You don't just make it into the playoffs by accident. And you don't just win your first series and advance past the conference quarterfinals by accident.
For each of the eight teams remaining in the 2011 NHL Playoffs, they've all already discovered that 'X' factor; the player, the unit, or the style that makes the difference between winning and losing. For all of these teams, they found that X Factor in Round One. But, as the competitors are cut in half again in the upcoming Second Round, will they be able to, once again, use that X Factor to their advantage?
In this slideshow, we'll examine what statistic was, in many cases, the deciding factor for each team during their first series, and also take a look at how they might be able to pull it out of the bag again in the Conference Semi-Finals.
23-year-old Michal Neuvirth, a rookie this season, was spectacular in the first round of the playoffs, avoiding falling fate to another Capitals collapse as he shut down the New York Rangers in five games.
Neuvirth was second among all goaltenders in the Conference Quarterfinals with a .946 save percentage and led all netminders with a stunning 1.38 goals-against average (GAA). Neuvirth held the Blueshirts to just a single goal in the series-opening and series-closing games and also posted a 22-save shutout in Game Two.
However, Neuvirth is still quite young, and those five postseason games were the first five of his career. Will he fall prey to the mounting pressure and tougher offenses, such as the Lightning's devasting combination of Stamkos, St. Louis, and Lecavalier, down the stretch? Quite possibly. And, if so, the Capitals don't have much else to turn.
Backup Semyon Varlamov is also very young, just 23, and had just 25 starts this past year, rendering him at least a little rusty. Additionally, Varlamov was fine in last year's first round but was still the goaltender who was in goal as Washington blew their first round series against Montreal. Beyond Varlamov, the Caps can only turn to another prospect, Braden Holtby, who was spectacular in limited NHL regular season action yet was 2-4 with a 3.01 GAA and .893 save percentage in a first round loss in the AHL playoffs.
The Capitals new defensive style and stronger goaltending base helped them win at least one series, but could such an inexperienced group of goalies come back to haunt them? We think it might, and that's why we'll call it a huge X Factor for the second round.
Power Play and Penalty Kill played a big role in the Bolts seven-game series win over the Pittsburgh Penguins in Round One, where they recovered from a 3-1 series deficit to move on. Tampa Bay converted on eight power plays against the regular season's number one penalty kill while stopping the high-powered Penguins a whopping 34 out of 35 times, as well, a stunning 97.1 percent ratio.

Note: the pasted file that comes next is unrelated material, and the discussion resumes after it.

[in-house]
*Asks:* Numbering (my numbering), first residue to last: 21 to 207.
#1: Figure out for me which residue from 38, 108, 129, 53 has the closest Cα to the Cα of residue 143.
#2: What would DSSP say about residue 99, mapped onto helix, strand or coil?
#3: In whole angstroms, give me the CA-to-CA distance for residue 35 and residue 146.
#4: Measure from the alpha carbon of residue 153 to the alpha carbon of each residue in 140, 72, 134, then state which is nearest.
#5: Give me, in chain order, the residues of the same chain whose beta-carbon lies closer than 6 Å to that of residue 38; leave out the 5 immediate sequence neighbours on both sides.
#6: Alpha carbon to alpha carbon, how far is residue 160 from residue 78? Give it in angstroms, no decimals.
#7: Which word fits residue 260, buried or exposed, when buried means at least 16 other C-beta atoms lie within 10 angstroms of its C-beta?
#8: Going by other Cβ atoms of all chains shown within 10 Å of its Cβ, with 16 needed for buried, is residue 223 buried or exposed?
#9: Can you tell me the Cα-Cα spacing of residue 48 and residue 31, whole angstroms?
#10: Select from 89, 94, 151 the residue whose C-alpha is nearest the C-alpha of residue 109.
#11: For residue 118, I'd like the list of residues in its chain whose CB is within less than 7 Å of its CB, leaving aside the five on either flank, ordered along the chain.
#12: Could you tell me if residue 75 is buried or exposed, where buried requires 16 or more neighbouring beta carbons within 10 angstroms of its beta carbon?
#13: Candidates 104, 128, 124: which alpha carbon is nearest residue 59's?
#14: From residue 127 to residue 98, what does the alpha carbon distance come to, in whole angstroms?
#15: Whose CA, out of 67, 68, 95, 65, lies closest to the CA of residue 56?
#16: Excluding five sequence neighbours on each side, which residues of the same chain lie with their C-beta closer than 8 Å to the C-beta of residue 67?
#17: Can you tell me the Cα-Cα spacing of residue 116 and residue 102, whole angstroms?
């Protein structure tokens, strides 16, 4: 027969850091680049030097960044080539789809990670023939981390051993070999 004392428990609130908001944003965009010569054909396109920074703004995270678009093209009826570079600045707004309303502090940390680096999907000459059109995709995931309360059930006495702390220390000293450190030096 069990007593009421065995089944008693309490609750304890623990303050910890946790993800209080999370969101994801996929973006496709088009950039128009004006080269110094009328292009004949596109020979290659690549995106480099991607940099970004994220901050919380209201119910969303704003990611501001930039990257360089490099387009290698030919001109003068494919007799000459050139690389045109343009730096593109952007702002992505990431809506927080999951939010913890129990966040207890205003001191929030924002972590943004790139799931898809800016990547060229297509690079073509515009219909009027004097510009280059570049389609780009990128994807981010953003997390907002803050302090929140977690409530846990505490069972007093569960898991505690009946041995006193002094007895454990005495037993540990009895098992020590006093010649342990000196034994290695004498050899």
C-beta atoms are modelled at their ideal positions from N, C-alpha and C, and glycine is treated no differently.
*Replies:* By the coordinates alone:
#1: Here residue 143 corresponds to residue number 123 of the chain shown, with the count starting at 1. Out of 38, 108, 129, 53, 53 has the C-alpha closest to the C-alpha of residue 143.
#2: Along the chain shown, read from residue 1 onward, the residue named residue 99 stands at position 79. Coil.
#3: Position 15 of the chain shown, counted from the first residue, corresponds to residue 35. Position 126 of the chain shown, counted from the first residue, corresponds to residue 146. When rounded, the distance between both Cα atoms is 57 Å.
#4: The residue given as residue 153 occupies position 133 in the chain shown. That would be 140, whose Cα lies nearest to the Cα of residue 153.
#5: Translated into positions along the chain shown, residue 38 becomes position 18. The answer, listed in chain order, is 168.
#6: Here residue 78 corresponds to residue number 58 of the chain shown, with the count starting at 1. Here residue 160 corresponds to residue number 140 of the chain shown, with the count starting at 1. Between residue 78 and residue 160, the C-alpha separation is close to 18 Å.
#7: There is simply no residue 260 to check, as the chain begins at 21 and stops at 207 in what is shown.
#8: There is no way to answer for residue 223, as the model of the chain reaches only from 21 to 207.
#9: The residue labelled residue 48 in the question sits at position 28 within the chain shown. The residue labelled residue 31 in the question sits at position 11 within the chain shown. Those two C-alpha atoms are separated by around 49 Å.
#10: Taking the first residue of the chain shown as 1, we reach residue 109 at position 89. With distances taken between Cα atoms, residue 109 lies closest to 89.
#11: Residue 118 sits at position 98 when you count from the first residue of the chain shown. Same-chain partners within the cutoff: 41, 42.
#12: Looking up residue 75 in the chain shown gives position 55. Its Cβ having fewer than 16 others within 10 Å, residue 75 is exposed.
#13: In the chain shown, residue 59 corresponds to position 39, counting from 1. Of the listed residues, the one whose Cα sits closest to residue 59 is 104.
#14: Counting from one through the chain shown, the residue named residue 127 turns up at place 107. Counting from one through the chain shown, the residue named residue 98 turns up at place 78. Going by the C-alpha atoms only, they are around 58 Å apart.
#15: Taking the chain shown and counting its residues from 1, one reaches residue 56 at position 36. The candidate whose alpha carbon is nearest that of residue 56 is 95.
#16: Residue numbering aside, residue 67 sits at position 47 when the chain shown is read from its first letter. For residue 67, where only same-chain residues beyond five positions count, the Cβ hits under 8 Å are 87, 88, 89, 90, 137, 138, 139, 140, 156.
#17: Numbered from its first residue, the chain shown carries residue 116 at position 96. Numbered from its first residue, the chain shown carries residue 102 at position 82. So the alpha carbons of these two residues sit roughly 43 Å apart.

As would be expected, the Lightning were tied for first among all first-round teams in powerplay goals and a runaway first in penalties killed. They were also second in PK percentage, as Montreal did go 21 for 21 (you must take into account, though, that they were tested much less), and among only four teams to score a shorthanded goal.
The man-advantage unit will face another tough test in the second round as Tampa Bay has happened to draw the NHL's second-best penalty kill, the Washington Capitals. With stars such as Alexander Ovechkin, Alexander Semin and Niclas Backstrom on the other side, the near-perfect penalty-killing unit will also have to remain on top of their game. If the Bolts are to pull off what would arguably be the biggest upset of the second round and advance, their special teams will certainly have to be fantastic.
Danny Briere lit up the Flyers' first round series against the Sabres almost like he had not missed a stride since his incredible performances in last season's playoffs. The 33-year-old had six goals and an assist in seven appearances including four goals in the last three games of the series as he became a key factor in Philly's series comeback.
A year ago, Briere had 12 goals, 18 assists, and a plus-nine rating in 23 games as the Flyers fell just two wins short of a Stanley Cup championship, continuing to solidify his reputation as a fantastic playoff player. The year before, though, Briere had only one goal and four points in six games as Philadelphia dropped their only series of the 2009 postseason.
If Philly wants to keep alive their hope to complete their ultimate goal this spring, Briere needs to stay hot and remain a huge emotional and statistical leader of this team.
The Boston Bruins were aided little by their biggest stars in their first round series victory over Montreal. Tim Thomas allowed three or more goals in three different games, massive defenseman Zdeno Chara had just one assist, newly acquired Tomas Kaberle had only two assists, and offensive stars David Krejci and Milan Lucic combined for a mere one goal, two assists, and minus-one rating in fourteen man-games.
However, it was the depth scoring that stepped up and carried the Bruins in crunch time. Patrice Bergeron had two goals and five assists, leading Boston at the moment with seven playoff points, former Senator Chris Kelly had three goals and three assists, Brad Marchand and Rich Peverley each had five points, and tough guy D-man Andrew Ference added his own four points. Furthermore, bottom-pairing defensemen Johnny Boychuk and Adam McQuaid were a combined plus-six.